Etiquette Tips For Camping with Friends and Family


Couples Camping

Couples Camping © Steve Prezant/Corbis

You can’t change your friends and family, but you can change the way you camp with them. Some moderate planning can make a big difference in your camping experience together. Here are some tips to help you get the most out of your camping trips with loved ones:

Shared Space
In some areas, the outdoors still has boundaries, and it’s important to honor both the environment and neighboring campers. If you are planning to visit a drive-up or RV campground, make sure you have reserved a site that can accommodate your entire group plus equipment, to avoid encroaching on neighboring sites. It’s also nice to offer neighbors a hand with tents or with getting a campfire lit. Good stewards leave no trace of trash, but leaving a bit of firewood for the next group in your spot is always a welcomed gesture.

Morning Oatmeal: Dudley Edmonsdon

Morning Oatmeal: Dudley Edmonsdon

Food
Plan your meals together at home and share the shopping tasks so there are no surprises. Meat eaters might eat vegetarian fare, but don’t expect your vegetarian friends and family members to eat the steak and bacon you brought, even if it is free range and hormone free! Decide on meal plans that accommodate everyone.

Marva and Daughter: Marva Cherry Flowers

Marva and Daughter: Marva Cherry Flowers

Kids
If you have kids, and are planning to camp with folks without children, discuss logistics, such as the possibility of hands-on help with recreation or watching over little ones. If everyone is bringing little ones, get a watch routine together, so all the adults can plan for breaks in the action.

Music
If your camping mates are all persons of color, don’t assume folks want to hear Li’l Wayne on blast all weekend.   Bring acoustic instruments, like a hand drum or guitar that can be enjoyable and easy to play, even if you are not an expert. Singing or telling stories, while gathered around a campfire is classic, and timeless.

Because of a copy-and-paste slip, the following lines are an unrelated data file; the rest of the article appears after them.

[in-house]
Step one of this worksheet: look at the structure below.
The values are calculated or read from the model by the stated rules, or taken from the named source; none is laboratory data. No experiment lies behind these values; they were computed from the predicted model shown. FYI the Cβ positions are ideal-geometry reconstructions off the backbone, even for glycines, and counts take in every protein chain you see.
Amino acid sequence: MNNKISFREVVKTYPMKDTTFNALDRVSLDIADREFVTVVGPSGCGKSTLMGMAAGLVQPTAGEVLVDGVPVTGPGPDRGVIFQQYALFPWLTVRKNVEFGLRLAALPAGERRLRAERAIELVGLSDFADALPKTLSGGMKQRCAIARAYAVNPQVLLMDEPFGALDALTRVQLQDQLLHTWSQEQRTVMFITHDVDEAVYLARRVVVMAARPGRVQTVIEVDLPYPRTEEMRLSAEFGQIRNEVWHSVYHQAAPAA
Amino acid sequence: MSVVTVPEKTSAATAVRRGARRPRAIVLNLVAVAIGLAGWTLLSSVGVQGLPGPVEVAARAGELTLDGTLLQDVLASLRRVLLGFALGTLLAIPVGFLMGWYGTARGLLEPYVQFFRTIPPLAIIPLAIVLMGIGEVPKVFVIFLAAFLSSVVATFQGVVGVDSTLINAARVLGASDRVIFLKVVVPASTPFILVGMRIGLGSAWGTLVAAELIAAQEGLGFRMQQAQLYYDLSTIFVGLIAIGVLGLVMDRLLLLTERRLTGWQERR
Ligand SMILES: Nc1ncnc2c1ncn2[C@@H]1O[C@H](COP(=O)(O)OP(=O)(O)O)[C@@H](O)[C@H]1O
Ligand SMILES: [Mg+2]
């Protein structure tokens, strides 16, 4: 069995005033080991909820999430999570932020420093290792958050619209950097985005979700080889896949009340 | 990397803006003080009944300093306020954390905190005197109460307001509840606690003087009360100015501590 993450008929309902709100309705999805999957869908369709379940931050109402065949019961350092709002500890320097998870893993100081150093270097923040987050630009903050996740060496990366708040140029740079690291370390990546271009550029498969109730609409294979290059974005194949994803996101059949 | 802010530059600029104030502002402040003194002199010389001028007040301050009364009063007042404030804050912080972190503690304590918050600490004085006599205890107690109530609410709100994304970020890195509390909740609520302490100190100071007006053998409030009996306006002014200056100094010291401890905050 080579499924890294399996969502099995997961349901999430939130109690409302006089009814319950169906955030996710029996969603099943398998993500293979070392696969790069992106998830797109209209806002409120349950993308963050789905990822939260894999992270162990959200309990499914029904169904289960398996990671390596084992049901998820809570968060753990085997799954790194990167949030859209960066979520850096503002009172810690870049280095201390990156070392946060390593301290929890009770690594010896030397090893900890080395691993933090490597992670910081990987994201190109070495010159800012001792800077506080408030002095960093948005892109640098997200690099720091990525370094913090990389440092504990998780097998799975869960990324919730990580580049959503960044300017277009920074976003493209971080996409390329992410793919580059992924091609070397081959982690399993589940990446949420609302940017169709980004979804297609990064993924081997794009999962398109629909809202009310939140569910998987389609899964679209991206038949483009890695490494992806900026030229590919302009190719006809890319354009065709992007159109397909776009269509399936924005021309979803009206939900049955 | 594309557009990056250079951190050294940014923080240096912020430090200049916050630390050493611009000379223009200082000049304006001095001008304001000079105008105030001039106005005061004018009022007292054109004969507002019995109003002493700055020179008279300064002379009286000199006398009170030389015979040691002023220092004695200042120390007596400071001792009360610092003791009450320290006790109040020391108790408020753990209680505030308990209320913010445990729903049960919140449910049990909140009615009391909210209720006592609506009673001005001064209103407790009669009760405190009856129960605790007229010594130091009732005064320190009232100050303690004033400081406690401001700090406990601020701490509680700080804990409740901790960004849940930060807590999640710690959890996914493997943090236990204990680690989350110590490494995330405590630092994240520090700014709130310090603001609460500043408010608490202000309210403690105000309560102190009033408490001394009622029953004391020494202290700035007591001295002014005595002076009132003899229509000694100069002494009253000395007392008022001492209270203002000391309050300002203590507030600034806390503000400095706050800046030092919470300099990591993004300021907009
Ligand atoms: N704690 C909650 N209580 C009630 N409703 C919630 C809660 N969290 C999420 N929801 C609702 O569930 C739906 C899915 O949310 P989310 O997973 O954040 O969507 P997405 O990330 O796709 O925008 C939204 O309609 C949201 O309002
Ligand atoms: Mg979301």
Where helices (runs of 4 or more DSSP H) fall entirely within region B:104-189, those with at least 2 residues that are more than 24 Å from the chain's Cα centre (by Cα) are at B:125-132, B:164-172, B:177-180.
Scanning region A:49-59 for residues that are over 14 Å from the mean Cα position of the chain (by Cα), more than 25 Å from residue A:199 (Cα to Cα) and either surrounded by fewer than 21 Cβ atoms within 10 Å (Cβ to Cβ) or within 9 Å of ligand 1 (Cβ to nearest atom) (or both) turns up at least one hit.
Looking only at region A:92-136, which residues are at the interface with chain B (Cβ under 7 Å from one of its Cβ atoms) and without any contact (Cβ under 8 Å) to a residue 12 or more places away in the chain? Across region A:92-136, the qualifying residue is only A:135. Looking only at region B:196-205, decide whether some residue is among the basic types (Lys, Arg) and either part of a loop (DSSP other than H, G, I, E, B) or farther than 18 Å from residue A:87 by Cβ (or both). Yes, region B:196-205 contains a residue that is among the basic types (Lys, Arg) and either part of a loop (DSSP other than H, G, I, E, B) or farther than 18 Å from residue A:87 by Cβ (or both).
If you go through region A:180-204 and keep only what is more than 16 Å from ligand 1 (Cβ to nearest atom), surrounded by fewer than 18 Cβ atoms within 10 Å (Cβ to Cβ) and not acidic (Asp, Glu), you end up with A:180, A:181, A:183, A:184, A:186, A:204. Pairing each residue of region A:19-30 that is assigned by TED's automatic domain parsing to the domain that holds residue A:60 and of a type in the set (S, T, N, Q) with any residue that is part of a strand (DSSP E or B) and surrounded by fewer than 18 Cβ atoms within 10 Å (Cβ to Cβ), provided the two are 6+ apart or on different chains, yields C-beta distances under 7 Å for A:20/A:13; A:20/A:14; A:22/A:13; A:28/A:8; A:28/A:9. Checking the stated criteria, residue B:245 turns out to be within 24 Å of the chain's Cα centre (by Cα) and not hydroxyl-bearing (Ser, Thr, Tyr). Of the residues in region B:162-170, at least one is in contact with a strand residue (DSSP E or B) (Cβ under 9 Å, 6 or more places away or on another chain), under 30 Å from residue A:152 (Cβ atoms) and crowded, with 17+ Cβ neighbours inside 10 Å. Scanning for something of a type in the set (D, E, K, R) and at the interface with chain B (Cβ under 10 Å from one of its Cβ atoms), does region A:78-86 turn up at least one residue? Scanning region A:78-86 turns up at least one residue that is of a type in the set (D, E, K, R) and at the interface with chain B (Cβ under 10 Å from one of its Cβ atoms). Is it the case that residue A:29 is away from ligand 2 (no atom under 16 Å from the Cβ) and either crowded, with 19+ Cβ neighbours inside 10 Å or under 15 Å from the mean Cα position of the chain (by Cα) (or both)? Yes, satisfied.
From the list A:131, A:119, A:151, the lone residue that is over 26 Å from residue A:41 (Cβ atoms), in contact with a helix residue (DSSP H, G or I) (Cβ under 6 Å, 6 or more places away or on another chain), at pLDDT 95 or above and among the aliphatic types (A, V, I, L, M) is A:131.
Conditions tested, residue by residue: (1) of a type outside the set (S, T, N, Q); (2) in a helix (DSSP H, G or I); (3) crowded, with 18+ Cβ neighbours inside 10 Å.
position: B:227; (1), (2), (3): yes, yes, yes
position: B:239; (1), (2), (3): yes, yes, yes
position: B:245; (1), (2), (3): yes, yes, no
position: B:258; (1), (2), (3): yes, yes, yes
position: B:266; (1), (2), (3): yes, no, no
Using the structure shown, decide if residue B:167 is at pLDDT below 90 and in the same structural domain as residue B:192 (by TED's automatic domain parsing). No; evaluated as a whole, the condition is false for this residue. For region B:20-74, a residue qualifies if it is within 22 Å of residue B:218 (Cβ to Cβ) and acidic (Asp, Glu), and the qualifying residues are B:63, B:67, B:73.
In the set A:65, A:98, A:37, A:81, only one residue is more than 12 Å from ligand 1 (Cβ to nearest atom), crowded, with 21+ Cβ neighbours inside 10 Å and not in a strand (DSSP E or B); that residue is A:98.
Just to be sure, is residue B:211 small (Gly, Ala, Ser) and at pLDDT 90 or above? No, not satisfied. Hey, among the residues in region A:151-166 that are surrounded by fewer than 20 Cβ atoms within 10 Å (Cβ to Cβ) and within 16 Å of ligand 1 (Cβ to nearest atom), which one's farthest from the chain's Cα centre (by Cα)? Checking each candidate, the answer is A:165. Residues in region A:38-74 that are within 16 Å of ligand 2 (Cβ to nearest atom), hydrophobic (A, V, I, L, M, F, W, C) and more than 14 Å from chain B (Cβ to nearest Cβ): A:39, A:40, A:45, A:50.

Booze/Drinks
Some drink, others don’t; some like Bud Light, others like Grey Goose. Discuss and get clear regarding alcohol consumption preferences, and know your campground policy on alcohol in advance (see Nancy’s comment below!).

Above all…just chill

Camping trips are a time to let go, and go with the flow. You might stay up ’til the wee hours to stargaze; your kids might eat a ton of s’mores, and all of you might laugh louder than you ever would at home after a long day at work. Enjoy it all! The best part of my own camping plan is to leave the city constraints behind and have fun!

What are some of your tips and experiences when camping with friends and family?

Chillin': Dudley Edmondson

Chillin’: Dudley Edmondson


11 Thoughts on “Etiquette Tips For Camping with Friends and Family”

  • Great advice all around. Thanks!

    Better check about the alcohol policy in general. Our policy is governed by state law prohibiting all public use or display. Getting a summons is a real downer on a camping trip!

  • Great tips. I especially like the last one – Just Chill. Sometimes when camping we find ourselves trying to fit too many activities into a short period of time. Some time should be set aside for ‘Just chillin’..

    • I completely agree. People sometimes place way too much emphasis on making every moment entertaining, rather than just ‘being’ in the outdoors…Thanks for your comment!

  • Agreed, and I would add to bring along a couple of education tools like a bird book if someone has one, binoculars if someone has one, or a magnifying glass, star gazing materials, animal track booklet, stuff you could study while in the outdoors so you can learn some details about your surroundings.

    Humm…time to plan my next camping trip. Reading about it makes me want to be there!

  • Great post and great info. We have that same fold-able Coleman stove as you show in the picture above. We love it because it’s so portable! Also, we camp in a few local state parks that don’t allow alcohol, so we always bring our “coffee cups”.

    • This site is geared toward both the regular AND novice camper. To help more people become “regulars”, it helps to spread the no-so-common knowledge around don’t you think?

  • All is good ,but in the Northeast ,Appalashia in particular eating closer than 50 yards from where you sleep.Invites many unwanted animals ,tosmells and odors they will investigate!A run in with Black Bear would cancel all plans of future ventures into the wilderness,Tenzing

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